The OPEC oil producers’ club will meet virtually Monday to mull over an extension to production cuts as the coronavirus pandemic continues to weigh on global demand.
Ministers from the cartel will start meeting via video conference at 1 pm GMT Monday and will be hoping that they can turn a page on a disastrous year.
The 13 members to the Organisation of the Petroleum Exporting Countries want to avoid a repeat of the collapse in prices seen in April at the beginning of the pandemic.
On Tuesday they will be joined by their allies, including Russia, who form the OPEC+ grouping.
The common goal of the alliance is to keep afloat a crude market devastated by the Covid-19 pandemic and which is slowly recovering from the depths into which prices plunged at the end of April.
According to the current deal, a cut of 7.7 million barrels per day (bpd) is meant to be eased to 5.8 million bpd in January 2021, but most observers expect this to be extended by between three and six months.
The current deal was reached in April but since then producers have had the second wave of the pandemic to take into account.
Key players within the grouping have hinted in recent weeks that an extension is on the table despite encouraging news from trials for vaccines by pharmaceutical companies like AstraZeneca, Pfizer/BioNTech and Moderna.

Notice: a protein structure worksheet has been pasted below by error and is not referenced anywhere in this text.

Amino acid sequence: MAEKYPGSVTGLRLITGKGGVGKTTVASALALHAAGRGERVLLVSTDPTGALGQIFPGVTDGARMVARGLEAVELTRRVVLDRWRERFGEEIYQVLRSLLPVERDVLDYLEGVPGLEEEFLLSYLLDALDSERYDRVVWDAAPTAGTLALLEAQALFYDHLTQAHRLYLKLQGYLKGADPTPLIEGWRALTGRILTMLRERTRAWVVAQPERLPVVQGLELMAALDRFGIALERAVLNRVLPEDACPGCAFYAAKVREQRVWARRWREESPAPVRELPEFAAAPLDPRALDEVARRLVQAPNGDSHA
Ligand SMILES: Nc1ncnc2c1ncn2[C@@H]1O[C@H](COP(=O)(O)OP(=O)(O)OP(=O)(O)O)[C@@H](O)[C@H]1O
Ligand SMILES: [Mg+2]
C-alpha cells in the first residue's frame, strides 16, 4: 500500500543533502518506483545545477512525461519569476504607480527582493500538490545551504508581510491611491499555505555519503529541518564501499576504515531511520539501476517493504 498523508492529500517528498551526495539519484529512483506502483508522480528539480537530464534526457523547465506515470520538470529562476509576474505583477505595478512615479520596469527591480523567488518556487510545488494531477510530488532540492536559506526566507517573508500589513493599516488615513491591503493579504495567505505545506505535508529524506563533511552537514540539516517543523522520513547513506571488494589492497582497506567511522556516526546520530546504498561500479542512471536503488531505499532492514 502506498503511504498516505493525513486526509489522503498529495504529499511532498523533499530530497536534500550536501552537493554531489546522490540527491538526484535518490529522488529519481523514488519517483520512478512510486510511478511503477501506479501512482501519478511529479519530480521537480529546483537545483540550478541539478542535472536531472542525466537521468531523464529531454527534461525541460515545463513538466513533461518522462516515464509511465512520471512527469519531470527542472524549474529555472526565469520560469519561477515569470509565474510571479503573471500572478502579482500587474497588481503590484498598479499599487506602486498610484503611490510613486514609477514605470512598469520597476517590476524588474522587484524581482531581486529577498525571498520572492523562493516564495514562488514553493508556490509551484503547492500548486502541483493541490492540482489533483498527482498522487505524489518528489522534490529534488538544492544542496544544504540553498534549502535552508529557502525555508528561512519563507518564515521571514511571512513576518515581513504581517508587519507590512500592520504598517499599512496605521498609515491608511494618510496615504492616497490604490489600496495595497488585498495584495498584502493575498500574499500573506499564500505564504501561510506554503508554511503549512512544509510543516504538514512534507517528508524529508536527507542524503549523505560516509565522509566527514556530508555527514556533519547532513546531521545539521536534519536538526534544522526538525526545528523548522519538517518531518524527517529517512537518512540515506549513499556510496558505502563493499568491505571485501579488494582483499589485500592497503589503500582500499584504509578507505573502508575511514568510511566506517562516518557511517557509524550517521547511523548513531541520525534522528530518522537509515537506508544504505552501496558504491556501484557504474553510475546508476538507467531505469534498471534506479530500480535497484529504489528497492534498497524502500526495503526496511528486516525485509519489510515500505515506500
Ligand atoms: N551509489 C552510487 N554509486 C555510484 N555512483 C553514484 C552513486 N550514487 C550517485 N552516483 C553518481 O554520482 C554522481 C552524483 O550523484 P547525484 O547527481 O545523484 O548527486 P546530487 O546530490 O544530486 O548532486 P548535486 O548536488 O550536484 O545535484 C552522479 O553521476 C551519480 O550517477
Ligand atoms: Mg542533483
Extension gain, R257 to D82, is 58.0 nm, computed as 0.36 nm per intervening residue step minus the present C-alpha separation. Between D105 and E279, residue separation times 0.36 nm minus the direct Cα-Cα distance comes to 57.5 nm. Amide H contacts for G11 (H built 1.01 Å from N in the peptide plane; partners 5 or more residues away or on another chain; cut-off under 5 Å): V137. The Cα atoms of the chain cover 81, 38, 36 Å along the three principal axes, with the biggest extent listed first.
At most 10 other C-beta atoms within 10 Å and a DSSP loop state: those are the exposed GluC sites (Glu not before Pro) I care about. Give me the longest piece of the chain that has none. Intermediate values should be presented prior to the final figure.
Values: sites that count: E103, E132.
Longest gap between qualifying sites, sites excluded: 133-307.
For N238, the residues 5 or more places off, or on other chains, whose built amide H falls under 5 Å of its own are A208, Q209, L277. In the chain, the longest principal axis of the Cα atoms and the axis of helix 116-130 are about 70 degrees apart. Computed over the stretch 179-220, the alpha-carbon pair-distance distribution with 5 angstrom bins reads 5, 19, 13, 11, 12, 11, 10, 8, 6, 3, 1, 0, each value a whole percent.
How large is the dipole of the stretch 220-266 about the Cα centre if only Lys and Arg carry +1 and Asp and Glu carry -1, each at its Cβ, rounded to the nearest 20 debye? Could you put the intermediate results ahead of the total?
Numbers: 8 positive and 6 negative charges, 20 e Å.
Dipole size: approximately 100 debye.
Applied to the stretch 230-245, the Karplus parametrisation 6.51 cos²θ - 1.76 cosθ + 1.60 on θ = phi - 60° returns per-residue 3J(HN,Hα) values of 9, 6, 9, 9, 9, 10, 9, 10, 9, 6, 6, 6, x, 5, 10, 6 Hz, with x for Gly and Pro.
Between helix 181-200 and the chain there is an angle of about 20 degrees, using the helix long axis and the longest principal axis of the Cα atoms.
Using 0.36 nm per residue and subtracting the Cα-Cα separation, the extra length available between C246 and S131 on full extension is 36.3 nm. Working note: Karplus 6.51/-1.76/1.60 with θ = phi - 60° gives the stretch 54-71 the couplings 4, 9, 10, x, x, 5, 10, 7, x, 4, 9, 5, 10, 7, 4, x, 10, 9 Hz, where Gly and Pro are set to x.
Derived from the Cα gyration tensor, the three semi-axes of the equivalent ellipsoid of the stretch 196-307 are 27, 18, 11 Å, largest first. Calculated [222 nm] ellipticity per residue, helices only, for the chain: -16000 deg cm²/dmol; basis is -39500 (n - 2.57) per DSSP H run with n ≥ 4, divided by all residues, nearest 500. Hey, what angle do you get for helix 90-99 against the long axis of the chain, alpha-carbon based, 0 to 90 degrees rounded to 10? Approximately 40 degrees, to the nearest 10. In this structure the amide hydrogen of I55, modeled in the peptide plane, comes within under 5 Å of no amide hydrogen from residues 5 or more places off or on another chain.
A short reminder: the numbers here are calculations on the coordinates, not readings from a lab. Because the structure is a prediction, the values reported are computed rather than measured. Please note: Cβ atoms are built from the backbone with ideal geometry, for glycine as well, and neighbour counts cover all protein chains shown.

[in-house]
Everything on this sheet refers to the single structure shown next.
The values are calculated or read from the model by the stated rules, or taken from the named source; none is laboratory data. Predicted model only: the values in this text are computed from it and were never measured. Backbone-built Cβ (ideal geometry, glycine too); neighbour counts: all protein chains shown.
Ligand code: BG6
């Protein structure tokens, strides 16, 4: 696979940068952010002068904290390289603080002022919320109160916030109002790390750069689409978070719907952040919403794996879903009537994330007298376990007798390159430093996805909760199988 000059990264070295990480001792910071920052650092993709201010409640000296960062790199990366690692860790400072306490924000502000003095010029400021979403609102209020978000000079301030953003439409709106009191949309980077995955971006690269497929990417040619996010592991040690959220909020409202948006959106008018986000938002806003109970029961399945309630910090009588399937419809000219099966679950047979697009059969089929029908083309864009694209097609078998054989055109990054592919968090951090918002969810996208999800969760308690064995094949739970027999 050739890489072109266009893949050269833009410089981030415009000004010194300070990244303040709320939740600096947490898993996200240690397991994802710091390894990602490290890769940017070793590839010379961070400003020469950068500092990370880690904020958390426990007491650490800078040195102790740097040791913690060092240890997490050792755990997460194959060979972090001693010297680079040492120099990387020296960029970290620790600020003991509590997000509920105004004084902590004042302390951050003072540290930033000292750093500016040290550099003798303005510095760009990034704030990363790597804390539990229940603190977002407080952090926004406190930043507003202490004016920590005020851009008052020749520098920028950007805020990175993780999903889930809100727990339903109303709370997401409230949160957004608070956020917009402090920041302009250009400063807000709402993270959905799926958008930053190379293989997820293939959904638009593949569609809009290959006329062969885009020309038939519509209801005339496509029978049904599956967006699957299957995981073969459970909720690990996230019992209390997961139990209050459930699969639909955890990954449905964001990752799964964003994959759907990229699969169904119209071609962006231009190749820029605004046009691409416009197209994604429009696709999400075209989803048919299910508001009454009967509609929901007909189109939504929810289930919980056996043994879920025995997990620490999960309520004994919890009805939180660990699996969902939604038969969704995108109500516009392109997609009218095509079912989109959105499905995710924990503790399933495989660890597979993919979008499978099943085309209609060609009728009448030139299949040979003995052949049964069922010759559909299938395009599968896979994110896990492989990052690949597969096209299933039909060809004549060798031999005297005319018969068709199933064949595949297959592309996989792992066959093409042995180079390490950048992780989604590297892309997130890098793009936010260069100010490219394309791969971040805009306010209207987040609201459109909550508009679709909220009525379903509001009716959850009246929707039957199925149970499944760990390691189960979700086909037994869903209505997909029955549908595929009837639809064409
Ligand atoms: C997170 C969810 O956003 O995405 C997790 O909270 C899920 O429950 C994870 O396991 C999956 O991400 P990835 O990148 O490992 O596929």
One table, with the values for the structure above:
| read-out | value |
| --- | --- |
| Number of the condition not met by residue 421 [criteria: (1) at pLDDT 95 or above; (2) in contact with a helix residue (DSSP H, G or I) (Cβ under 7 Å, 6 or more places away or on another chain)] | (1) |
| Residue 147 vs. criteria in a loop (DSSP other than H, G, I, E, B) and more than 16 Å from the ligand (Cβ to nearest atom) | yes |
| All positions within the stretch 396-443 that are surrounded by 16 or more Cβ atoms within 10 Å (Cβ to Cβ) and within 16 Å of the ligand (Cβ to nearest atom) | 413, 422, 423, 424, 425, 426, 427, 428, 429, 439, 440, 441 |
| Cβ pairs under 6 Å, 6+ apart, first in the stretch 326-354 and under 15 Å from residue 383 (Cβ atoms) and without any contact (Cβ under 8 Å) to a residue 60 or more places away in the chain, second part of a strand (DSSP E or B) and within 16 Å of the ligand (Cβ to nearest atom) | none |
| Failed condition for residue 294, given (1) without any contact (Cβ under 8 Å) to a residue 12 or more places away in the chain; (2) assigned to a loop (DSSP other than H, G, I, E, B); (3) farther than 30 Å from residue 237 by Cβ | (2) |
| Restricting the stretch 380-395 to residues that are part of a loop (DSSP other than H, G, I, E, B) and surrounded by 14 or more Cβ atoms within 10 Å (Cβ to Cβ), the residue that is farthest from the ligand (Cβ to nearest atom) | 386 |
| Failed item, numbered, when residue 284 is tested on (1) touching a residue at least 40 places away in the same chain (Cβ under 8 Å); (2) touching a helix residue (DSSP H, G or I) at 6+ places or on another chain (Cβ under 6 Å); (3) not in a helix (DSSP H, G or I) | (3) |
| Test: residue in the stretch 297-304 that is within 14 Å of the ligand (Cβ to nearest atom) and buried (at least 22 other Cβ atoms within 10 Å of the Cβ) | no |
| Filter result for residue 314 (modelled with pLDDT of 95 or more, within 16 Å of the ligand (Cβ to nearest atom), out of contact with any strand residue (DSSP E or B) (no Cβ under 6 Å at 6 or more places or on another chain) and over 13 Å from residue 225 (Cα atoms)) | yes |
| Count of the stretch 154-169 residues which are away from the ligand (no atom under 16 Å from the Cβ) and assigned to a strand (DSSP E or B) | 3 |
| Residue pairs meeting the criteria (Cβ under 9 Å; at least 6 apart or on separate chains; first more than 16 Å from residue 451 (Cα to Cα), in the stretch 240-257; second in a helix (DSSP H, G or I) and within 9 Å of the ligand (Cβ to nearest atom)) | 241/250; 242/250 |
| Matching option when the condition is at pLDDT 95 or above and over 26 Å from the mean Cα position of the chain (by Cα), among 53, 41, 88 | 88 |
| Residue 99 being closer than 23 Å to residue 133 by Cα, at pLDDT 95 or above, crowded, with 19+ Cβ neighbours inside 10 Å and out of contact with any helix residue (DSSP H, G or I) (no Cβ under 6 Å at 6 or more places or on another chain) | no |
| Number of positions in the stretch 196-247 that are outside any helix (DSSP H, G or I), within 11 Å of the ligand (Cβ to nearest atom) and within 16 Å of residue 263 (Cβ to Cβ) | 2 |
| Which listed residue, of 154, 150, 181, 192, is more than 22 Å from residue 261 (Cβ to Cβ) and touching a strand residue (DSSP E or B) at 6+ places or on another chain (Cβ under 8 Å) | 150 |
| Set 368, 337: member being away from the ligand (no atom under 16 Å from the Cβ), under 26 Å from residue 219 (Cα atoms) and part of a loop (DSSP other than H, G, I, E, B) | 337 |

The effect of vaccines, however, will play out over the longer term, while OPEC and its allies will be focused on supporting prices in the first and possibly the second quarter of 2021.
– Investor jitters –
Despite a recent rise in prices, and experts agreeing that an extension is most likely, OPEC and its 10 allies have been on odds in the past.
Just this March, the last of their meetings to be held at OPEC headquarters in Vienna before the pandemic forced them online, turned into a fiasco when Saudi Arabia and key ally Russia failed to reach an agreement and spent the next month engaged in a fratricidal price war.
Whether all members are currently sticking to the output quotas that have already been assigned to them has also become a sensitive topic.
Those exceeding their allotted output — foremost among them Iraq and Nigeria — regularly come in for a scolding from Prince Abdelaziz bin Salman, energy minister of OPEC kingpin Saudi Arabia.
Crude oil prices have picked up by 25 percent since the beginning of the month and have returned to roughly their pre-pandemic levels of between 45 and 50 dollars per barrel for both the US benchmark, West Texas Intermediate, and Europe’s Brent North Sea contracts.
However they were down on Monday morning in what analysts say was a sign of investor jitters ahead of the meeting.